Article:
Celle’s sizzling stallions

Now the areas where stations opened in the 1970s are closing again because there are not enough breeders to hold up these stations. In Celle we’ve gone down from 6,000 annual coverings to 4,500; in Hannover it’s gone down from 13,000  to 9,000, and generally in Germany it’s gone from 50,000 to less than 30,000.  Breeding is going back to the old areas where there’s a tradition because of good pasture and a not too heavy soil. Westphalia, Oldenburg and Hanover are the most important areas on a large scale.


How much ground does your stud cover today? 


We have three places. Seven hectars in Celle and 40 hectars at Adelheidsdorf where the horses complete an 11 month performance test. We have trained stallions there for nearly 90 years.

Then there’s a farm of 500 hectars where we grow sugar been, oats, wheat and so on, and where we have pastures where we every year bring up 50 foals that were bought by myself and my employes. When they reach the age of two and a half we make the selection. As the public relations part is difficult with the all round horses we need specialized horses. All the breeders associations are going to specialised places for dressage, show jumping or three day eventing.


You have more dressage horses than show jumpers.


The dressage market is 70 per cent for us and it is the same in Hanover. However, when you look at the competitions, show jumping has a much bigger influence. During the WEG it was fully sold out for the show jumping whereas the stadium for dressage was not even half full.

The show jumping market is much better but it’s very different. The way to sell jumping horses is a very long way. With an excellent pedigree you can sell a foal with a jumping pedigree but all the other foals have the problem that the genetic correlation between the type, confirmation, movement and jumping is negative. That means if you improve the jumping the type, movements, correctness and confirmation can become worse.


“The cavalry traditions and the schooling system is the reason why dressage is more important. Most of the riding masters always came from Germany.”


So if you have jumping mares they often don’t have the type and the movements and they’re not really easy to sell.

So normally the breeders have to keep the foals and have them ridden and then there’s a market starting at age five. But most breeders can’t keep them for that long. That’s much easier with a dressage foal; it sells more easily.


Some people think there’s such a strong tradition for dressage because the horses of the north were traditionally heavier than those in the south – that they were more suited for dressage.


Tradition is the reason why dressage is more important here than for example in France. The cavalry traditions, the schooling system is the reason for this, and most of the riding masters always came from Germany.

In comparison, there’s nearly no dressage in Belgium.

The breeds in the north are not heavier – there have been very light, modern type mares through history. Historically the horses were heavier everywhere because they were used for the artillery and as working horses.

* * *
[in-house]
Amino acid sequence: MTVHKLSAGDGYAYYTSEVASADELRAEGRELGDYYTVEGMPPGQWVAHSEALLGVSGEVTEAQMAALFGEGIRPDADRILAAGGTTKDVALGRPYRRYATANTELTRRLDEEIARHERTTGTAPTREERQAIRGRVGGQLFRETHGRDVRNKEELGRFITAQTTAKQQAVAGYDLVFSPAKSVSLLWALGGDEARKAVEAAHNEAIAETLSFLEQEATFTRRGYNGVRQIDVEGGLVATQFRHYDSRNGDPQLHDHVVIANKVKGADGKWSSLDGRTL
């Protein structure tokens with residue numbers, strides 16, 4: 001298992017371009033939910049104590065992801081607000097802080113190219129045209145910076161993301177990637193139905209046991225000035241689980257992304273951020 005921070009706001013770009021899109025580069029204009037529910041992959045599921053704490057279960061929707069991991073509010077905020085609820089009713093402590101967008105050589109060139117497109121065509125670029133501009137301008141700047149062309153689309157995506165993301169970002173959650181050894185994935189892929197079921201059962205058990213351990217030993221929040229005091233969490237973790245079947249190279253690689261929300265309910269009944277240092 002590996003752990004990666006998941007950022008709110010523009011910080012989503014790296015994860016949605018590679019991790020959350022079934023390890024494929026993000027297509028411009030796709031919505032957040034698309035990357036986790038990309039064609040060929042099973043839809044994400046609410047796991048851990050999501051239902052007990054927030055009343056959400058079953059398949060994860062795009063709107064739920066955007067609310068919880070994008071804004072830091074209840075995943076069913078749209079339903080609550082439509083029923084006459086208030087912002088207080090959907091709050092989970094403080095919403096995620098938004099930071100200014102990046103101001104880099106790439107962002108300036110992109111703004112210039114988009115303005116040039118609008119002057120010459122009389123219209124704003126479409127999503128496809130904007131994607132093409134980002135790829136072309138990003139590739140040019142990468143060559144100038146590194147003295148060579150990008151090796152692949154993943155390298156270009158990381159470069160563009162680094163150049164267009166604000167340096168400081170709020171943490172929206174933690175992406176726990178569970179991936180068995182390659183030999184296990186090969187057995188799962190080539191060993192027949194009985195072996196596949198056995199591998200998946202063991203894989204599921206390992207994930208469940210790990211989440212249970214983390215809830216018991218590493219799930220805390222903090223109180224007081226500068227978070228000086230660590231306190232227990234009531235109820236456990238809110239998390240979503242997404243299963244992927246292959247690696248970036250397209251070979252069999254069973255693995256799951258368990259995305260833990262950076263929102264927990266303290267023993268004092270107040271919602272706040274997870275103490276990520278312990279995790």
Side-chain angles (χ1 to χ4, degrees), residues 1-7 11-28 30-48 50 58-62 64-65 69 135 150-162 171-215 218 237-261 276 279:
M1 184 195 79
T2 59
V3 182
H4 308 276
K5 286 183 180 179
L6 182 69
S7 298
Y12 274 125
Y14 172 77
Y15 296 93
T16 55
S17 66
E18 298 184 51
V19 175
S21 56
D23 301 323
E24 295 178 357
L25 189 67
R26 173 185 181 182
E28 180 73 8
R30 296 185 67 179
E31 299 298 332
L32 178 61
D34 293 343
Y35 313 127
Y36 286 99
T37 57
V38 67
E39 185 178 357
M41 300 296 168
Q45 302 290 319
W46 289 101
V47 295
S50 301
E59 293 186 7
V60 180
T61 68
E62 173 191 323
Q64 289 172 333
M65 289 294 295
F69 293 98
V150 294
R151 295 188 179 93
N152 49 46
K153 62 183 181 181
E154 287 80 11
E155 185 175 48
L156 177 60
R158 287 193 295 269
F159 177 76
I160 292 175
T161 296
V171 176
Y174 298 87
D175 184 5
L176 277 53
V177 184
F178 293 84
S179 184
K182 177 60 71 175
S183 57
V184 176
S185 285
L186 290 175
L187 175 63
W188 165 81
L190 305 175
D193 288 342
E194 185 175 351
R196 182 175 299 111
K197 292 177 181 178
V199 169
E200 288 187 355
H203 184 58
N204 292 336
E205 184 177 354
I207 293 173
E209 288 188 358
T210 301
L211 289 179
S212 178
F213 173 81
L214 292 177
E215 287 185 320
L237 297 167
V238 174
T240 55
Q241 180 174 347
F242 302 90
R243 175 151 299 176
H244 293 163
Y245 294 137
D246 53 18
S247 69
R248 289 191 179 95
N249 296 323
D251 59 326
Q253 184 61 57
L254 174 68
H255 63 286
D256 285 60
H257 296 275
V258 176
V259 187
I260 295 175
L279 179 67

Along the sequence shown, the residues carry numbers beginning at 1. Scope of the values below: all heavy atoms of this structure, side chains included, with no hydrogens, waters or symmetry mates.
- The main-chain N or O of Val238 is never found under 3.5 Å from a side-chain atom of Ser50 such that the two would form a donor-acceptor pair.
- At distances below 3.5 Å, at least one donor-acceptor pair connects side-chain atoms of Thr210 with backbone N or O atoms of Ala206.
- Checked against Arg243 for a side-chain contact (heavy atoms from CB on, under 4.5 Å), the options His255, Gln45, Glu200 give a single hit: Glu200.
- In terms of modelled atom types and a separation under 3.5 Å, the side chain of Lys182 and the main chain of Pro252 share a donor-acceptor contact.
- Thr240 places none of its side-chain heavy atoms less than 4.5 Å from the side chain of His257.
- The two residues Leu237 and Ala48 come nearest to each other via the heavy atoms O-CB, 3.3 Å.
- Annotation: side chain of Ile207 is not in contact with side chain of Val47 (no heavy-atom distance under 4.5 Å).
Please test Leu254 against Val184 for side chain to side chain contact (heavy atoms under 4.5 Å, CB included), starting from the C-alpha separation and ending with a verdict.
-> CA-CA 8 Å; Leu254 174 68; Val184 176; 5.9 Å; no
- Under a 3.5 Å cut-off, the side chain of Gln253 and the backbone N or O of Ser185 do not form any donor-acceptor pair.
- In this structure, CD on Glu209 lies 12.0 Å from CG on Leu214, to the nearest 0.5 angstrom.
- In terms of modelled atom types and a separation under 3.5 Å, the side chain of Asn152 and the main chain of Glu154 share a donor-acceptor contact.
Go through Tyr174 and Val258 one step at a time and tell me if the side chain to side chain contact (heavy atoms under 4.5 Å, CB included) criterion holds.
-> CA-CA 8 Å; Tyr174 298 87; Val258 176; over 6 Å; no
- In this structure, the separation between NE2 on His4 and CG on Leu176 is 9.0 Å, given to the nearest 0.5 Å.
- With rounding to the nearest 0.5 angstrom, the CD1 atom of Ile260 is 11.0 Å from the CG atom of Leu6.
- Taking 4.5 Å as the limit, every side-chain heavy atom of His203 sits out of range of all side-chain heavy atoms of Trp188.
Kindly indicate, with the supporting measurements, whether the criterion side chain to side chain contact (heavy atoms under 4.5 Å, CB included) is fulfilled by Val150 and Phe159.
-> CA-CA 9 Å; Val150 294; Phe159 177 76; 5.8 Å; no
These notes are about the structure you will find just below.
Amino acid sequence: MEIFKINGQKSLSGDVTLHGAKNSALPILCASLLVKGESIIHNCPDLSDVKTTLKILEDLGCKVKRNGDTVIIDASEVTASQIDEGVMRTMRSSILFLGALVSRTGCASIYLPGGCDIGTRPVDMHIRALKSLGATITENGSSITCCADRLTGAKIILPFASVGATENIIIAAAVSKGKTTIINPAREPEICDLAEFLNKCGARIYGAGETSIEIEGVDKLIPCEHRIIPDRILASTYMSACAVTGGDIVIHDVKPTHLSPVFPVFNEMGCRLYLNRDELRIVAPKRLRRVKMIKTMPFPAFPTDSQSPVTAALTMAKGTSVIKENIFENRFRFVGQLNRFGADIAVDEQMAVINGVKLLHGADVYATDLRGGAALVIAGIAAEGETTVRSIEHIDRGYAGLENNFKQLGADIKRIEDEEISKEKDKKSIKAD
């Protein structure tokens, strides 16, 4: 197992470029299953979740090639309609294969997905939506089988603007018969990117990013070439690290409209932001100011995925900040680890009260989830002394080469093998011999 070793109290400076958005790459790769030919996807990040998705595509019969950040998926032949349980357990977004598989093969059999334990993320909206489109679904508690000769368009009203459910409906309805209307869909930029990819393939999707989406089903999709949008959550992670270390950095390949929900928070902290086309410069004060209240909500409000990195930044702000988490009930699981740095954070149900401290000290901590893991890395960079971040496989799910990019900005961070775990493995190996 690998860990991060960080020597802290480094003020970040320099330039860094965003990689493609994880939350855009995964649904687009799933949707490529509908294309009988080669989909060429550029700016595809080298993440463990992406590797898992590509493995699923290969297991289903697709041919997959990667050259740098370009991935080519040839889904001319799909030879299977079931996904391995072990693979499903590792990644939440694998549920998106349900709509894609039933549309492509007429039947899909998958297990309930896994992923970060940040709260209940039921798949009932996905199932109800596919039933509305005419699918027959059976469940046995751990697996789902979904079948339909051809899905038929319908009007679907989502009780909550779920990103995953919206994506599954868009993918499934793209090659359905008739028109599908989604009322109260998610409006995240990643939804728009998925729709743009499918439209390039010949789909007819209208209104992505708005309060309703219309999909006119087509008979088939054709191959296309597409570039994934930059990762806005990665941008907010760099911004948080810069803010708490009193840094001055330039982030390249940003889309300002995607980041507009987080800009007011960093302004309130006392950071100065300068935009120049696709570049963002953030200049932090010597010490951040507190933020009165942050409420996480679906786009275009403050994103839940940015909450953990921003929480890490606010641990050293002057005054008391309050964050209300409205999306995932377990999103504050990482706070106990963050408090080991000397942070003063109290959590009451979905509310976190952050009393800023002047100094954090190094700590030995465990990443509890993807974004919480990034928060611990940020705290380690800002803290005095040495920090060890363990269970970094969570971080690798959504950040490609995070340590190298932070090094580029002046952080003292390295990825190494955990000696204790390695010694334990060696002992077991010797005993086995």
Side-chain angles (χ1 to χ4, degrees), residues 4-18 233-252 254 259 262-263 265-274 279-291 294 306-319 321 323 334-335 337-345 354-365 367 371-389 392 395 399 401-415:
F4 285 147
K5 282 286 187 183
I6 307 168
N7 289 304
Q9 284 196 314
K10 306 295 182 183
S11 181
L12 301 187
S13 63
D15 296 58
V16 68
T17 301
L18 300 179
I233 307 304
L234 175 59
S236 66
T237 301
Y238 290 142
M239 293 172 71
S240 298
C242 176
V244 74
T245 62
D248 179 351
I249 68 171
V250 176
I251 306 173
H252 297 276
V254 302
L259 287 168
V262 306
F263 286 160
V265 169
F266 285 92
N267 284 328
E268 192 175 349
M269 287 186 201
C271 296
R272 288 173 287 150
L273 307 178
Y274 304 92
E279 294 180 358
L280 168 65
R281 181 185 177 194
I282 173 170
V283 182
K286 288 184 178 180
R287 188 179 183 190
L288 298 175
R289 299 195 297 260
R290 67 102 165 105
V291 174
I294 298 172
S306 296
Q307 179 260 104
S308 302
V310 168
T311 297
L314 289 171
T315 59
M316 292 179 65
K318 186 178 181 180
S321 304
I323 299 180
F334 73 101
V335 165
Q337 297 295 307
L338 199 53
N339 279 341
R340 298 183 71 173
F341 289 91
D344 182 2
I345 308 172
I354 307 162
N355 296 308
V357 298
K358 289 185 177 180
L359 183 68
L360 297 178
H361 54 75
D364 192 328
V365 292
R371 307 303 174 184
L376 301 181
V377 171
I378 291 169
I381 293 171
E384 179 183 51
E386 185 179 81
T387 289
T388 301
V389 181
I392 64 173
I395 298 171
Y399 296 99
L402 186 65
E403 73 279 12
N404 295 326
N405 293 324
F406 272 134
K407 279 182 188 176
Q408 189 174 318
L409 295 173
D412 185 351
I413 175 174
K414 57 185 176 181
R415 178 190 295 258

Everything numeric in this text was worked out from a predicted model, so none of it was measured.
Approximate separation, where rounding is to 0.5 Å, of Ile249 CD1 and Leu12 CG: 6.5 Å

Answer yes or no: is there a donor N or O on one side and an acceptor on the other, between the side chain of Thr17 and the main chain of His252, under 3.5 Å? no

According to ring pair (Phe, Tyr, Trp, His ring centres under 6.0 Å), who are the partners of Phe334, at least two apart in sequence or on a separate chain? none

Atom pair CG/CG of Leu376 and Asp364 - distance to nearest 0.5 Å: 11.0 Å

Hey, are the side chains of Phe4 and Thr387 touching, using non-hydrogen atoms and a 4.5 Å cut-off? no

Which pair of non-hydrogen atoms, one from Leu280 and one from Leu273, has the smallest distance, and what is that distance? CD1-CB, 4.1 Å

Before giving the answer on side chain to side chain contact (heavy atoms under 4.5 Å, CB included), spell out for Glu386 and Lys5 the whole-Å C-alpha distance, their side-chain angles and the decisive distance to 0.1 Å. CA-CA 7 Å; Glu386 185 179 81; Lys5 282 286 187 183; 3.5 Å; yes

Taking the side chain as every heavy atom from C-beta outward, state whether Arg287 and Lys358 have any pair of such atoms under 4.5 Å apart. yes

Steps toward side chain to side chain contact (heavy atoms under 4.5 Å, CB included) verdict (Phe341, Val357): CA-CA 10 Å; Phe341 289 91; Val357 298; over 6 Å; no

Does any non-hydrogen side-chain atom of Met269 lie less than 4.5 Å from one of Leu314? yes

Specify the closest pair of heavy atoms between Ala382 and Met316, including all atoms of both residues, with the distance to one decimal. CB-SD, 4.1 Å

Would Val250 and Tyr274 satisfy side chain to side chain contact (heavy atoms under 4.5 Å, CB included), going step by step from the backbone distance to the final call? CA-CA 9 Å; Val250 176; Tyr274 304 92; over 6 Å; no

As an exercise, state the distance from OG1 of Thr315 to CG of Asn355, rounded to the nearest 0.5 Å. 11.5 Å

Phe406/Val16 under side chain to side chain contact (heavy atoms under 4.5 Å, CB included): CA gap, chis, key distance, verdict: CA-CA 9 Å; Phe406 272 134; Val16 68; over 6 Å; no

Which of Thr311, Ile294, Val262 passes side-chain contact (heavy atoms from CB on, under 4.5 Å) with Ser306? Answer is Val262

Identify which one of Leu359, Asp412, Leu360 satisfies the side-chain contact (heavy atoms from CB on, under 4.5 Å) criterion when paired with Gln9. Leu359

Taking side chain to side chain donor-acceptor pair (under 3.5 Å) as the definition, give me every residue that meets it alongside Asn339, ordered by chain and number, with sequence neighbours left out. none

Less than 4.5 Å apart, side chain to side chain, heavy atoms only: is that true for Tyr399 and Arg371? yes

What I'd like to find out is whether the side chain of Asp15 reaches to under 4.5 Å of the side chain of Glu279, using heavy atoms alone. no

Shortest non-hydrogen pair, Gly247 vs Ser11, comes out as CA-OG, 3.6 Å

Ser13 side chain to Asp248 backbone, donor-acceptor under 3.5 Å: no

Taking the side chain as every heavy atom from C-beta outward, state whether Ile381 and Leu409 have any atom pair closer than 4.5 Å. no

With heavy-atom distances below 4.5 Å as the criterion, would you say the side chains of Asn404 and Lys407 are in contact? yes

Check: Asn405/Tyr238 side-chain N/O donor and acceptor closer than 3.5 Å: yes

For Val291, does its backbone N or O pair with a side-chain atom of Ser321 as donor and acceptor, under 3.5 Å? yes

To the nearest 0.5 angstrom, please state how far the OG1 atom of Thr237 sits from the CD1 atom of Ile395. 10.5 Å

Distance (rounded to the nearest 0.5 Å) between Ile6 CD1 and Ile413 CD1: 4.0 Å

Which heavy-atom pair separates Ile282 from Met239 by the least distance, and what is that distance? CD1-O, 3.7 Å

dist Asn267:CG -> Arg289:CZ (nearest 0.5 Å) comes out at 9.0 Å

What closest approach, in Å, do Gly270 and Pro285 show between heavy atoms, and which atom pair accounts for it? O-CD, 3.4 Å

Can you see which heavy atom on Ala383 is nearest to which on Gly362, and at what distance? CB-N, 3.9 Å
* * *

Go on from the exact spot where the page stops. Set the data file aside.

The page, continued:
The only horse which was always light was the Trakheners because they were used for the cavalry and not for the artillery.

The reason why the Hanoverian was very fast in the 1950s and the 1960s was due to change of the breeding from working horses to riding horses. They were covered with Trakheners when the flew the horses from East Prussia to the western part after the war when they stopped at Hanover. With the Oldenburgers they used French horses. But in Hanover and in Baden-Würtenberg the Trakheners had a very important influence and they were the first to present a sport horse.


You’re celebrating the 300th anniversary of the union between the Kingdom of Hanover and the United Kingdom..


Yes, we are celebrating the 300 years since the union in 1714 when King George of Hanover became King George Ist of Great Britain and Ireland when both Kingdoms had the same King until 1837.

We’ve had four big exhibitions about this where Prince Albert came for the opening.


We have four King’s coaches at the stud. Two came from the King of Hanover and they were used by him in Hanover and the other two came in 1837 with the King after these two kingdoms were separated. These two red King’s coaches are the original coaches that were used by King George Ist, IInd and IIrd in London. One of them was used for an actor who looks like King George I in a reanimation tour from Haag to Hanover earlier this year. The coach started at the royal gardens of the Hanover House and ended in St. James Palace in London.


During the union many thoroughbreds were imported to Celle. In some decades over 40 per cent of our stallions were thouroughbreds. The attillery then found that they became too light so they lowered the numbers.

Between 1990-1990 we had about 15-20 per cent of thoroughbreds in Celle. However, these days we only have around one per cent and it is the same in Westphalia and the Netherlands; it goes up and down.


Rearing in Celle


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